The Virtual Tissue Bank (VTB) is a combined research project of the IMF’s International Myeloma Working Group (IMWG) and Asian Myeloma Network (AMN) with Prof Wee Joo Chng piloting the project for AMN in Singapore at the National University Cancer Institute and Dr. Thomas Martin leading the global effort at the University of California at San Francisco (UCSF).

The IMF’s Virtual Tissue Bank: What is the scope of the project? 

The basic concept of the VTB is that data will be shared through a web-based portal. Rather than sending samples to a central repository, samples are stored and processed locally. Since there is a natural tendency for each site to retain and process their own samples, the idea of shared data while retaining local ownership of samples is a much more favorable approach.

Using this approach, common protocols for sample collection storage and processing may be possible. By doing this, the tissue acquisition and testing is standardized throughout the collaborating group’s network.

Samples are used for joint studies. Ideally, samples are processed locally using reproducible procedures. Results are combined for pooled analysis. For more complex studies, samples can be sent to a central laboratory for specialized assay and analysis.

Samples That Can Be Stored

Sample Collection Uses
Bone marrow
  • Unsorted/CD138+/CD138-
  • Serum/plasma
  • Cylospin slides
  • Tissue microarray/section (including plasmactyoma)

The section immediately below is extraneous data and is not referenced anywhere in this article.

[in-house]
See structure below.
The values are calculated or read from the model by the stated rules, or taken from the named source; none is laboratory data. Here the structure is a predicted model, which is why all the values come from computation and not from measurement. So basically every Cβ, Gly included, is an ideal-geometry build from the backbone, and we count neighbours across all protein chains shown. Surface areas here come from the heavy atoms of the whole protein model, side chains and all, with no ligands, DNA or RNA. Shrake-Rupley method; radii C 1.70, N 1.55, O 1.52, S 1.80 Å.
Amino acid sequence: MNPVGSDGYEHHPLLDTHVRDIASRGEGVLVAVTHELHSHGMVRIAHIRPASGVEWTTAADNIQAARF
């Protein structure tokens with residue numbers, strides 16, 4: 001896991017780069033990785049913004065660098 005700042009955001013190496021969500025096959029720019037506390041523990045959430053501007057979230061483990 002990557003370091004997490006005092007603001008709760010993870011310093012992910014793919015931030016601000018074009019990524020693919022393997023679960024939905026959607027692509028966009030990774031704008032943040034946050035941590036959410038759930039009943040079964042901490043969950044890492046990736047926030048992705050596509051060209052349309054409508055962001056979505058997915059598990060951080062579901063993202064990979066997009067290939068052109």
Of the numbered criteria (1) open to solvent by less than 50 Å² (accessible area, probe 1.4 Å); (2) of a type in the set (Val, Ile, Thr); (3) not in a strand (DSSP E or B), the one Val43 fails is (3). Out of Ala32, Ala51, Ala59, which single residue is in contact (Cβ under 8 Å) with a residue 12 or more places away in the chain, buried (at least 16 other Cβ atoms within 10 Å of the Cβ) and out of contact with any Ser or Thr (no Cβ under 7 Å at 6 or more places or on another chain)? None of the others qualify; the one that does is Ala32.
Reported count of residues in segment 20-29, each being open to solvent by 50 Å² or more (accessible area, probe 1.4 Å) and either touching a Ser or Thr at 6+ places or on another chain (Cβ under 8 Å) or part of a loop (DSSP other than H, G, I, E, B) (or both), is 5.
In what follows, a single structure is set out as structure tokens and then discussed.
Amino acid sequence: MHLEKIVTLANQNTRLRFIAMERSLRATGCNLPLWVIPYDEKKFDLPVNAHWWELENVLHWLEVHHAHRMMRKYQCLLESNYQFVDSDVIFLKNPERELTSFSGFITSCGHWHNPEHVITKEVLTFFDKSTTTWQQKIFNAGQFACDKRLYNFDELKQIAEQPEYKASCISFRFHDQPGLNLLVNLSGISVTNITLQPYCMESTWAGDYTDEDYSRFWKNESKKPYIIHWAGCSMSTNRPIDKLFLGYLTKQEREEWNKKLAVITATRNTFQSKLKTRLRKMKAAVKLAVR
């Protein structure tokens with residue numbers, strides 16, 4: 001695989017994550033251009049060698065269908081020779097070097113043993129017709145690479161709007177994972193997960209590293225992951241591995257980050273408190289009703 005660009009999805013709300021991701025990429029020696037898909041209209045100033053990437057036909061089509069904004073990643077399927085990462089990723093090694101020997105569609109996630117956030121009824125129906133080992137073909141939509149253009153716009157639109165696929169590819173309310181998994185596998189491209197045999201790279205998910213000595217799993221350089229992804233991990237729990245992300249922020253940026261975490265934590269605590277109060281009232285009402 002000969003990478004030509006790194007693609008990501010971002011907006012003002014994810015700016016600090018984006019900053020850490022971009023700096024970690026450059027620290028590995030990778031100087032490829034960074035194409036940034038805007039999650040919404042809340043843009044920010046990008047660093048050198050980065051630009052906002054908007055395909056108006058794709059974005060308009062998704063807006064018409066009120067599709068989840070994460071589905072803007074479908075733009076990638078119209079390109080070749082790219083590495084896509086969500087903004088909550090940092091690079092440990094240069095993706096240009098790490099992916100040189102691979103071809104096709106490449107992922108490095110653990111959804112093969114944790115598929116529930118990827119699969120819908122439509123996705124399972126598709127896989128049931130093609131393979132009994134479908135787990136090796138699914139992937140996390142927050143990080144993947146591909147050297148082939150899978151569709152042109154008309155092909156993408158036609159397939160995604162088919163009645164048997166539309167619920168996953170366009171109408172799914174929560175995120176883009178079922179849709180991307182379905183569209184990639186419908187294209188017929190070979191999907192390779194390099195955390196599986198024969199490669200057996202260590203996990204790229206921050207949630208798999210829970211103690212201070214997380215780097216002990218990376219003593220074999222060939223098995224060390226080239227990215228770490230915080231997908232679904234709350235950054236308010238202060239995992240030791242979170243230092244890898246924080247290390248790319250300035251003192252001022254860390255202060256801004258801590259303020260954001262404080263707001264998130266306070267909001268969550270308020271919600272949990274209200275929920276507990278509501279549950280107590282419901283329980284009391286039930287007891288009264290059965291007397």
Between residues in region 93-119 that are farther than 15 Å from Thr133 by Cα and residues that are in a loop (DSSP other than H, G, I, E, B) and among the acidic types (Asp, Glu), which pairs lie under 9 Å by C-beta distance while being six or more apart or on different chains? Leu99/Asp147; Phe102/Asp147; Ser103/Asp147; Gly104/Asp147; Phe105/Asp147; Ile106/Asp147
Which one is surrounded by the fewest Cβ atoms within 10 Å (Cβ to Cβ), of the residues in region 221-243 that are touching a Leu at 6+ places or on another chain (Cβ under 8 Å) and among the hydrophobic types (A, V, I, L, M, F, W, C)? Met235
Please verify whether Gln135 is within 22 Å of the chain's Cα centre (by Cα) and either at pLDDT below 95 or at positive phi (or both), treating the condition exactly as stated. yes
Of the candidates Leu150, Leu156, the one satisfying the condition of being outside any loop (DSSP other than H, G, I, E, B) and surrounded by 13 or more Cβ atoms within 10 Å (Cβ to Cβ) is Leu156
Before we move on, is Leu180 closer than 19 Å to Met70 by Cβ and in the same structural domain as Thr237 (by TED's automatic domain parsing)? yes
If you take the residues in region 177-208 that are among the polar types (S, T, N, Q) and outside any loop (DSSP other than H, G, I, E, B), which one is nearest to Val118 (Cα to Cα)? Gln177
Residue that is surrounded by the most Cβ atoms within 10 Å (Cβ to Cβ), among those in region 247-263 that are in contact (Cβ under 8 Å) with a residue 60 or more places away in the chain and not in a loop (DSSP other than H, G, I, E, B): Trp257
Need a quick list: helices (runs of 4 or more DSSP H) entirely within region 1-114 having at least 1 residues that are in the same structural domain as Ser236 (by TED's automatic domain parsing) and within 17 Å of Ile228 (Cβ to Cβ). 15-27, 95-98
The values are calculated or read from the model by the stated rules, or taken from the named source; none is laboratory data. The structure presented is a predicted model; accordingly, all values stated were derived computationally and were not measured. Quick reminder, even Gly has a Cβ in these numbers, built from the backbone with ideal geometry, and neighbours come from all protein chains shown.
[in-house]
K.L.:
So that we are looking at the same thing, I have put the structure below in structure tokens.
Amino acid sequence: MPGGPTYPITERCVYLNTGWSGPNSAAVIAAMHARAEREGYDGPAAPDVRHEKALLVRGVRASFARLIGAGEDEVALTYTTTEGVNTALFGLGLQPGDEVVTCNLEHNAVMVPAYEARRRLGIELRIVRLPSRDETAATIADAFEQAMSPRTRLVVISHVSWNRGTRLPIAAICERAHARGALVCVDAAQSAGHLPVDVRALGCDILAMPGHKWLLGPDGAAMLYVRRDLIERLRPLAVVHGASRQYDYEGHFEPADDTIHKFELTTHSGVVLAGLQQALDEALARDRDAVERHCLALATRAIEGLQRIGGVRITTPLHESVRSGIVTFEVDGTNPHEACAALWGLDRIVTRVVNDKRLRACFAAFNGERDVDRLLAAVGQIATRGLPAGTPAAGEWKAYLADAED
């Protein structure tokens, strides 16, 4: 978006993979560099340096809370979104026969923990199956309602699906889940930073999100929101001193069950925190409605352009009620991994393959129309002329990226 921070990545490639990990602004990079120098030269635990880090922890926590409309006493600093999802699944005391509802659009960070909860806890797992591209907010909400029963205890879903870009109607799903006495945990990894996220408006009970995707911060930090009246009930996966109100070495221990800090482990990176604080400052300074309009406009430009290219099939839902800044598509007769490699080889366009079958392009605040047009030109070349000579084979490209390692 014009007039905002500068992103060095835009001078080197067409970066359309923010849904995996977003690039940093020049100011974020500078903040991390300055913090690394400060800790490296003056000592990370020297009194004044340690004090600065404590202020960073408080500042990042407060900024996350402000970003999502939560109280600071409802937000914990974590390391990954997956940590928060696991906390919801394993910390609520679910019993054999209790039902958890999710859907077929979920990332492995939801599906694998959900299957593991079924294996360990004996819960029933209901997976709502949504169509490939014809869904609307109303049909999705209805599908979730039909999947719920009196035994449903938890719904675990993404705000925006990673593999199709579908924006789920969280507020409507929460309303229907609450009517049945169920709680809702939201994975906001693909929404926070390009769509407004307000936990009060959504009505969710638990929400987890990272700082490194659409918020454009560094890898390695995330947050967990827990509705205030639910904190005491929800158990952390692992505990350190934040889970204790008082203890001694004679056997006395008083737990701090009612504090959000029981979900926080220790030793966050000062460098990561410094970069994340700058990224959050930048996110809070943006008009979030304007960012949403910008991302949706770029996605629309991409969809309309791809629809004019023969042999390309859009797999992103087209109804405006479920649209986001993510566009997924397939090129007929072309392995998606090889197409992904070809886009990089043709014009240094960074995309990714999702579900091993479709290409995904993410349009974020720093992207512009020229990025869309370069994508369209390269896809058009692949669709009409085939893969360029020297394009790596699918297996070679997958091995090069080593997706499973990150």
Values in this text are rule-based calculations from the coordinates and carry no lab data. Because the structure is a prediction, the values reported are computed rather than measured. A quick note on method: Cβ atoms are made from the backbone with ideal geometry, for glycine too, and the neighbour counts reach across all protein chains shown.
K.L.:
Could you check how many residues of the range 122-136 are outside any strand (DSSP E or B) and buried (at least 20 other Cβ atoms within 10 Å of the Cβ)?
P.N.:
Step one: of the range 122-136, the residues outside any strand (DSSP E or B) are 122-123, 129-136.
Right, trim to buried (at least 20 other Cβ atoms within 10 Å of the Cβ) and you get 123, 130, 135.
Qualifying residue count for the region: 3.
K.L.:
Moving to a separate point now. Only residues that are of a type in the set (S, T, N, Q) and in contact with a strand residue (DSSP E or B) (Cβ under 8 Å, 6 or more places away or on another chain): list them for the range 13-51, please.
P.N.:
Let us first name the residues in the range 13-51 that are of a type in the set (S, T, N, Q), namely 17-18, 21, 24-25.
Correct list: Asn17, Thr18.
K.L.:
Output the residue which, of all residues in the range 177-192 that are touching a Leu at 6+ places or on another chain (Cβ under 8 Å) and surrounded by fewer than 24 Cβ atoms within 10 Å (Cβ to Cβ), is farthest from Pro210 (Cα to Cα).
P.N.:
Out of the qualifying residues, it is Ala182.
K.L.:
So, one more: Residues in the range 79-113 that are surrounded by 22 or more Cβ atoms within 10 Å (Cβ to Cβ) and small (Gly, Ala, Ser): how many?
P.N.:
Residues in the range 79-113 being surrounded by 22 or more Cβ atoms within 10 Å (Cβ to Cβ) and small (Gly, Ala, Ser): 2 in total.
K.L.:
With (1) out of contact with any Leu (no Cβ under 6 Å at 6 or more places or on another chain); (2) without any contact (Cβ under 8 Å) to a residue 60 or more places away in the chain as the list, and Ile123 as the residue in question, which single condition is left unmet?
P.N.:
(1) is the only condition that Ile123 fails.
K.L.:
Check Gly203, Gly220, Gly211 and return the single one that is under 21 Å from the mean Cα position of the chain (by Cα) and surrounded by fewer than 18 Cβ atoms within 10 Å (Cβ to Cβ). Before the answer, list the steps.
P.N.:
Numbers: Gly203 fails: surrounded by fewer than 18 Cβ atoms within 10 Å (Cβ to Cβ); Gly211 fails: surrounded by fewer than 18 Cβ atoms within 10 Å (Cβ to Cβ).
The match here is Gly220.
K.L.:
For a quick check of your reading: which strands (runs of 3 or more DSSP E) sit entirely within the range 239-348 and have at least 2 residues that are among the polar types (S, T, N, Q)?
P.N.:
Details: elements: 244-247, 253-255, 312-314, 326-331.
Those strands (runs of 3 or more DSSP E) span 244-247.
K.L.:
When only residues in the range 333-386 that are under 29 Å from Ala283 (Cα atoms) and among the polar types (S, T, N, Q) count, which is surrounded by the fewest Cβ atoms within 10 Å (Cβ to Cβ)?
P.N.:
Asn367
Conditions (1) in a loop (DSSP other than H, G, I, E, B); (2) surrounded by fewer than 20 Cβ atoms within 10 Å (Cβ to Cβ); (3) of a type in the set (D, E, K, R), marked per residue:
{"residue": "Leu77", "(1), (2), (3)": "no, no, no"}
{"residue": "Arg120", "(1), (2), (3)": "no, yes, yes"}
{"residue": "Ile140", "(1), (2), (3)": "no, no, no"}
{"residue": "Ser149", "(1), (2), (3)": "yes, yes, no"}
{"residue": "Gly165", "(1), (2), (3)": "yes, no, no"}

Genomics, NGS, transcriptions
Study of microenvironment
Liquid biopsy
Germline DNA (Buccal) Association/predisposition studies
Peripheral blood
  • Mononuclear cells
  • Serum/plasma
Clonal haematopoiesis, circulating tumor cells
Liquid biopsy 


The Model illustrates the Roles of a Steering Committee, creation of the Bank itself, as well as individual hospital and cell bank responsibilities.

What are ongoing and planned projects of the IMF’s Virtual Tissue Bank? 

The following are examples of ongoing and planned projects:

1. Extramedullary Disease
Patients with extramedullary disease tend to have treatment resistant high-risk features. Detailed genetic studies are needed to understand the underlying resistance mechanisms. Studies are planned with paired bone marrow samples to assess genetics with Next-Generation Sequencing (NGS) techniques and single cell spatial transcriptomics.

2. Single-cell Profiling
In addition, single-cell profiling of both myeloma and immune cells can be conducted linked to treatment with the exciting new immune therapies such as CAR T cells and/or bispecific antibodies.

3.  Germline DNA Studies
Several thousand samples are predicted to be available for DNA analyses which can be conducted from the large number of accumulated samples from the groups.

The VTB project is up and running and we look forward to many productive projects in the coming weeks, months, and years as more and more data sets are accumulated globally.


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